What are the origin and meaning of the words “greed is idolatry” found in Ephesians 5:5 and Colossians 3:5? In what sense are the greedy guilty of idolatry? Many different answers have been given to this question throughout the history of interpretation. In fact, a consensus exists on only one score that the expression serves to vilify greed.
Brian Rosner ably takes on the challenge of interpretation by tackling the phrase as a metaphor, structuring his argument around an intriguing comparison to mountain climbing. From this vantage point, he offers a thorough history of interpretation of the phrase, including a study of the origin of the concept of idolatrous greed in biblical and Jewish sources. Rosner concludes that the comparison of greed with idolatry teaches that to desire to acquire and keep for oneself more money and material things is an attack on God’s exclusive right to human love, trust, and obedience.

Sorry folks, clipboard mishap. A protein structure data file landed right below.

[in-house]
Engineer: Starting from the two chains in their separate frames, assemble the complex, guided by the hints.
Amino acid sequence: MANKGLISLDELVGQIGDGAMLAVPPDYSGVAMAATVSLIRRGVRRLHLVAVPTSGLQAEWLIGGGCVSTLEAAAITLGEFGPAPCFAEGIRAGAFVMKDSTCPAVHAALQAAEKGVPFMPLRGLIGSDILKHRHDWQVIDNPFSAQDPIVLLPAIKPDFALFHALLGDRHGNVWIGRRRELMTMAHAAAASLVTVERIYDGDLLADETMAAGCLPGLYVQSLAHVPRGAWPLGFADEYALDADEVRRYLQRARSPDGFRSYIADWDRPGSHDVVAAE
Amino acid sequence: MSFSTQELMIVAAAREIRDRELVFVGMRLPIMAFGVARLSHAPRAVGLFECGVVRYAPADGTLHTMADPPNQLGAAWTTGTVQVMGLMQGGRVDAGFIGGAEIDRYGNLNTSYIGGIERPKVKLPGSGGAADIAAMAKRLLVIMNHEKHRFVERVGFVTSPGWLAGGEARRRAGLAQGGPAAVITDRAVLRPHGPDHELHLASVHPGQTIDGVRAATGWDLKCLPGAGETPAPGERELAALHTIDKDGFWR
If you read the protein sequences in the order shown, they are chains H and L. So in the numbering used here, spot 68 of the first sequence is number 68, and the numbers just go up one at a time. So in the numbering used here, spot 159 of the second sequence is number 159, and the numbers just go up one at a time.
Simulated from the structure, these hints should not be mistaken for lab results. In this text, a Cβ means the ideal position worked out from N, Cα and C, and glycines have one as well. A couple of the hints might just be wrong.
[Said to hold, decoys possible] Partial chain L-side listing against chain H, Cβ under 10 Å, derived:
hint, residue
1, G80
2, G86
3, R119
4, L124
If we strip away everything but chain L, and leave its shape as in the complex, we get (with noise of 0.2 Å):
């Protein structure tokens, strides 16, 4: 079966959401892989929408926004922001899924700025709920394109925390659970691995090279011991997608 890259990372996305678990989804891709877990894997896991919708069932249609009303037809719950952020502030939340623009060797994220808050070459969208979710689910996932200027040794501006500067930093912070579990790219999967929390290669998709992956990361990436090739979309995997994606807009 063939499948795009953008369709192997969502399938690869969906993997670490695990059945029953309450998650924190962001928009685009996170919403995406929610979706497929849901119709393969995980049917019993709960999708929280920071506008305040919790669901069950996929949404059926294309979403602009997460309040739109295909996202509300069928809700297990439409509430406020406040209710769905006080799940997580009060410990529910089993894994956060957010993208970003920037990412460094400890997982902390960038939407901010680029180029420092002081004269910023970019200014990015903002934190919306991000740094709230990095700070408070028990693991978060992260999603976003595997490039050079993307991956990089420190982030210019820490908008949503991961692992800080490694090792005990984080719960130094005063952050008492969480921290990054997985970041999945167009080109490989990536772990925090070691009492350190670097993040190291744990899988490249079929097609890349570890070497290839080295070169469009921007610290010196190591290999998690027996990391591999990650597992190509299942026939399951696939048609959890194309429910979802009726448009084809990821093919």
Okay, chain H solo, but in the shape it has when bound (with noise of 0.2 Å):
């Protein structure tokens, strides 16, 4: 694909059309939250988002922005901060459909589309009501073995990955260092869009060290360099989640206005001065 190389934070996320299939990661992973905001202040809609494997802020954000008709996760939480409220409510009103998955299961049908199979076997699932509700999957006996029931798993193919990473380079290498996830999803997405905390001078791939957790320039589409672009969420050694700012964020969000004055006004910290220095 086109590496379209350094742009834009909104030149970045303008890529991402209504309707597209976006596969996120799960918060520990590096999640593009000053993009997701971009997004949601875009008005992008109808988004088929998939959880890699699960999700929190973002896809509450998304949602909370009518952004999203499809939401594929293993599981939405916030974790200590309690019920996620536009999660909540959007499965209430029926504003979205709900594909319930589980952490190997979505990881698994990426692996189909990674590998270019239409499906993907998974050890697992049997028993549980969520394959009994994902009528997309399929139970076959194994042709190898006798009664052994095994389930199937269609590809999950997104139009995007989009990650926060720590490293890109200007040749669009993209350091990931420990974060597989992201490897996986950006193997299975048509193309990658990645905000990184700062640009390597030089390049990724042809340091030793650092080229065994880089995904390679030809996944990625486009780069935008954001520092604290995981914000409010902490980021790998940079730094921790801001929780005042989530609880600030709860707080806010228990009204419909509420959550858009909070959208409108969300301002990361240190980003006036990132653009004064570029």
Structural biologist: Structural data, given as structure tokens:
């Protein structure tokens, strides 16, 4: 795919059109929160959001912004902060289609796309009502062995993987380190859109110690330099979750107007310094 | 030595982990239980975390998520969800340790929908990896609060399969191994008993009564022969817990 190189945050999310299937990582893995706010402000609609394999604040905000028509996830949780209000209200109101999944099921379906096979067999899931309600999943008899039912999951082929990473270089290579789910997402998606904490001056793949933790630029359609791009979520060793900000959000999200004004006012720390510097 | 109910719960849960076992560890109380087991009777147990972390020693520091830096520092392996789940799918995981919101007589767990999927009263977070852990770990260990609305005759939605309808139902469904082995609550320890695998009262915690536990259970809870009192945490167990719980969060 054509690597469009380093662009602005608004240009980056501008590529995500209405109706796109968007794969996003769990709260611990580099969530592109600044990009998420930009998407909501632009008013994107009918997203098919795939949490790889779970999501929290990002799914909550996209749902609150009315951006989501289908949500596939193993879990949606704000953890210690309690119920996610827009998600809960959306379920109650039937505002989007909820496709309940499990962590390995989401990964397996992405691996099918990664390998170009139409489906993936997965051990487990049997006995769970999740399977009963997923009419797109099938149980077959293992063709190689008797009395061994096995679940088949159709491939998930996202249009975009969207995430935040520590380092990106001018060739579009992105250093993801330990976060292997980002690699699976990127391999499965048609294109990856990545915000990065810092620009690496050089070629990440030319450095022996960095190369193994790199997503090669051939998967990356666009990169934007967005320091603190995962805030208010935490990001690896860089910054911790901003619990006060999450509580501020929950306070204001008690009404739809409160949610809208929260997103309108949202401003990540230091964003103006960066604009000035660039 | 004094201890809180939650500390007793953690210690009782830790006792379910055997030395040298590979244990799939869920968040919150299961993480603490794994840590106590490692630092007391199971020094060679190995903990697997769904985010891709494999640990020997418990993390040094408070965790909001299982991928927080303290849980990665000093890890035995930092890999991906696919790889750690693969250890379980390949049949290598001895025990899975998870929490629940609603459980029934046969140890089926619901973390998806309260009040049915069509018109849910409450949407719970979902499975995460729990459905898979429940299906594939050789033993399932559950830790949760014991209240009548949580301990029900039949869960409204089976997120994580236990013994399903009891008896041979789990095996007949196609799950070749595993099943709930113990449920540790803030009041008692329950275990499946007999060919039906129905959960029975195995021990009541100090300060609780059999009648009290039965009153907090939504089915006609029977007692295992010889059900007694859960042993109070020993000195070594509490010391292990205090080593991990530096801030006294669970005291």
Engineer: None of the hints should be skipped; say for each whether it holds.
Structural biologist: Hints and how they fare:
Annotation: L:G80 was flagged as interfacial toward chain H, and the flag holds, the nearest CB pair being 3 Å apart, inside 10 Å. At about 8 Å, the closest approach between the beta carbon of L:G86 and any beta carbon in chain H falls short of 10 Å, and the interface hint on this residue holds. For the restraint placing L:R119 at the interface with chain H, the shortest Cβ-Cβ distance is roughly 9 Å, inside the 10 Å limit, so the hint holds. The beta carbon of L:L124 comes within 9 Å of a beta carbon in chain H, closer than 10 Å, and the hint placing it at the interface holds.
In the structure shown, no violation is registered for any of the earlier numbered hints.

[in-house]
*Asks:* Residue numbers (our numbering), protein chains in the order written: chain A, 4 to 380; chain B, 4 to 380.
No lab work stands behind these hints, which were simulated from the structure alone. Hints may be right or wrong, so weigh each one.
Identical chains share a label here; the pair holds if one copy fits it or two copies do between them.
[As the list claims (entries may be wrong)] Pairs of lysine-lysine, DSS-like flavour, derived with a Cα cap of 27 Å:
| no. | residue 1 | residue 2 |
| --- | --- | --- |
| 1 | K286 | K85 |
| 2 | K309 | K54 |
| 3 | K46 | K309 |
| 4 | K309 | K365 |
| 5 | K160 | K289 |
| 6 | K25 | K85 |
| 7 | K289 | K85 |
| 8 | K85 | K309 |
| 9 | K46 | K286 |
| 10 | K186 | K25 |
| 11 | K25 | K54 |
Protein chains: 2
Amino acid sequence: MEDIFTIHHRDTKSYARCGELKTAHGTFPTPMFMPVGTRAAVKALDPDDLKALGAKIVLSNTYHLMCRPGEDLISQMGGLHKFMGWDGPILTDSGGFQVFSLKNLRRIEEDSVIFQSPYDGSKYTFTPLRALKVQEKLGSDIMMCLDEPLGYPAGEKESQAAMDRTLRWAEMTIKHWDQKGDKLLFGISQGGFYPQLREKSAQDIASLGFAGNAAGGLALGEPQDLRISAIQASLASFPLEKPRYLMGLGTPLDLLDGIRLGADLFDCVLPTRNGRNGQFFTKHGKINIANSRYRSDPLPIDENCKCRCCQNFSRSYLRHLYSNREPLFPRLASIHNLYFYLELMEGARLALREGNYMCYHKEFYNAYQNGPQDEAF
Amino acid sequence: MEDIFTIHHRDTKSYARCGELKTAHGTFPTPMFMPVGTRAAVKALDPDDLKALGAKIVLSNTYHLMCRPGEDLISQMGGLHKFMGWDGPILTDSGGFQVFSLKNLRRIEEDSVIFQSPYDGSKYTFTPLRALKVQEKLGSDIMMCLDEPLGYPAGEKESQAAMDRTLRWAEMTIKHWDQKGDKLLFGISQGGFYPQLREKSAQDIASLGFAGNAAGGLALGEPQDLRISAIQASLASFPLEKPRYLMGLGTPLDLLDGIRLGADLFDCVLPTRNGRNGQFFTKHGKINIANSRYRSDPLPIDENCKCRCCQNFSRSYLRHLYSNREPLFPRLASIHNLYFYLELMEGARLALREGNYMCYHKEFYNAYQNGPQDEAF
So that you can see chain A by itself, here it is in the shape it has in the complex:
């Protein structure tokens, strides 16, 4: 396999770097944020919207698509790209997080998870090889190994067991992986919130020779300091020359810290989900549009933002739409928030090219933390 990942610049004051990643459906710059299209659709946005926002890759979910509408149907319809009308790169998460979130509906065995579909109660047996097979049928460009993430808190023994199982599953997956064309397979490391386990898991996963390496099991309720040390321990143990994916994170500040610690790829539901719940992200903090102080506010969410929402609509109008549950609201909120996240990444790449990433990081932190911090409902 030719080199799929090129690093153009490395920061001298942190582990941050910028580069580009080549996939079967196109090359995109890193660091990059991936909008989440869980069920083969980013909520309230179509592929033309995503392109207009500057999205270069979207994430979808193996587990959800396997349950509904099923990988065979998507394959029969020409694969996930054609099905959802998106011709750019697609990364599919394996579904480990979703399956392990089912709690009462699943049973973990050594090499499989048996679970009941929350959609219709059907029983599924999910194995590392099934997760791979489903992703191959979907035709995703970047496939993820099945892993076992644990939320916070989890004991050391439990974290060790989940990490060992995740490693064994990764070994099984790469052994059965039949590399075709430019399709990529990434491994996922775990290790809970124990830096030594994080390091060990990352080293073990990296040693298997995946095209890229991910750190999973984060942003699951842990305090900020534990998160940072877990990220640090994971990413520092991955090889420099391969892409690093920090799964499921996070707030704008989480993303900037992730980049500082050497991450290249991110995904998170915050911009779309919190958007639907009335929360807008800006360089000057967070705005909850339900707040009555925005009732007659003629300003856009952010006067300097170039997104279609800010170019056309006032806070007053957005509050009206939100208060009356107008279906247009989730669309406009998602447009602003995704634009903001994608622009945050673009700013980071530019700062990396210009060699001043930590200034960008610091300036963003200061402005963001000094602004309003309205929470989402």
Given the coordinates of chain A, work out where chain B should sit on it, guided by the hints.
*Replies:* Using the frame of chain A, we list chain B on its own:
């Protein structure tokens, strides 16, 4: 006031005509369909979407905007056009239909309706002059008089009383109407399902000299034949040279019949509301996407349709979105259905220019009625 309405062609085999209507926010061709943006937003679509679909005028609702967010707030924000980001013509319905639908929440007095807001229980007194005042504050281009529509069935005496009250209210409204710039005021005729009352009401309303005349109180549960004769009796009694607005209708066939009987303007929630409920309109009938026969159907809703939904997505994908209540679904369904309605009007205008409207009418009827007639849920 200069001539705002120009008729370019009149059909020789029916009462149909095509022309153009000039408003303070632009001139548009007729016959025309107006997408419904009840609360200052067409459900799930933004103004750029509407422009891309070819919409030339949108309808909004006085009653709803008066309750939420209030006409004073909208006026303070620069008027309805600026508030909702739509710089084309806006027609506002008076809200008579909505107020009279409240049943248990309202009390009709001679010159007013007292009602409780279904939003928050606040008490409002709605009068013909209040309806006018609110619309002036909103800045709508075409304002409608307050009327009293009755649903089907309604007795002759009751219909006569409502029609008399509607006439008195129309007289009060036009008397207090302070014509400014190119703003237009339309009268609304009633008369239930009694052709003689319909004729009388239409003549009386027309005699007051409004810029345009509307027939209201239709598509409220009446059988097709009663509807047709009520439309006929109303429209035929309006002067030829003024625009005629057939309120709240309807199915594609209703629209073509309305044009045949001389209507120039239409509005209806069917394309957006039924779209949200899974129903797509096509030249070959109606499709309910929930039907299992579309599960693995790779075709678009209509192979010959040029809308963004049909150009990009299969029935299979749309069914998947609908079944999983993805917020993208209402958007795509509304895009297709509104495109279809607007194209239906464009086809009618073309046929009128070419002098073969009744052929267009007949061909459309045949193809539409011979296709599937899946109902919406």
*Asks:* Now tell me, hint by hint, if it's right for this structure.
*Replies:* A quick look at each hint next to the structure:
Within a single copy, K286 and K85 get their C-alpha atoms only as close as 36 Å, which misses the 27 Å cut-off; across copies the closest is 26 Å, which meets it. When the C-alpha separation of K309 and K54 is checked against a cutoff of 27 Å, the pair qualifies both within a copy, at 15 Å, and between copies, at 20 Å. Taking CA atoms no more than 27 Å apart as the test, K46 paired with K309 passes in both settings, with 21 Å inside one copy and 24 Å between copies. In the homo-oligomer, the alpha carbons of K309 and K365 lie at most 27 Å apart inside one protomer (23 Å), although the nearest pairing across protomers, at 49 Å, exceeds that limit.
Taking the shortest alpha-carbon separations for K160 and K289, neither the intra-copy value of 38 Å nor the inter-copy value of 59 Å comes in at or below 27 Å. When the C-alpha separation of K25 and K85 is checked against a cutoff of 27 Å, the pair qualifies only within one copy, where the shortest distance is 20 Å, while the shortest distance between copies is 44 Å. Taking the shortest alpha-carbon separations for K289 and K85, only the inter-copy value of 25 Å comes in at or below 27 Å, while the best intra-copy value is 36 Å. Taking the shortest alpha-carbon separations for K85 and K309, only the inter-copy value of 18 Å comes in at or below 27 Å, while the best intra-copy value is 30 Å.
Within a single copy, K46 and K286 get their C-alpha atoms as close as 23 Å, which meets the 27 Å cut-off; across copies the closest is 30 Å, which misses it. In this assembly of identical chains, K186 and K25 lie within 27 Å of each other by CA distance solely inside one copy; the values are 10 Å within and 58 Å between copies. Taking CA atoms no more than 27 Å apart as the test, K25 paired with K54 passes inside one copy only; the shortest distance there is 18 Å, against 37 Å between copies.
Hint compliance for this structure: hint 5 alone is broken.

With this work, Greed as Idolatry, comes a stunning, fresh understanding of familiar terms
“greed,” “idolatry,” and even “God” challenging both the church as a whole and individual believers to consider the far-ranging implications of our materialistic world. The first full-length study of this intriguing Pauline expression, Greed as Idolatry has profound implications for theological ethics today.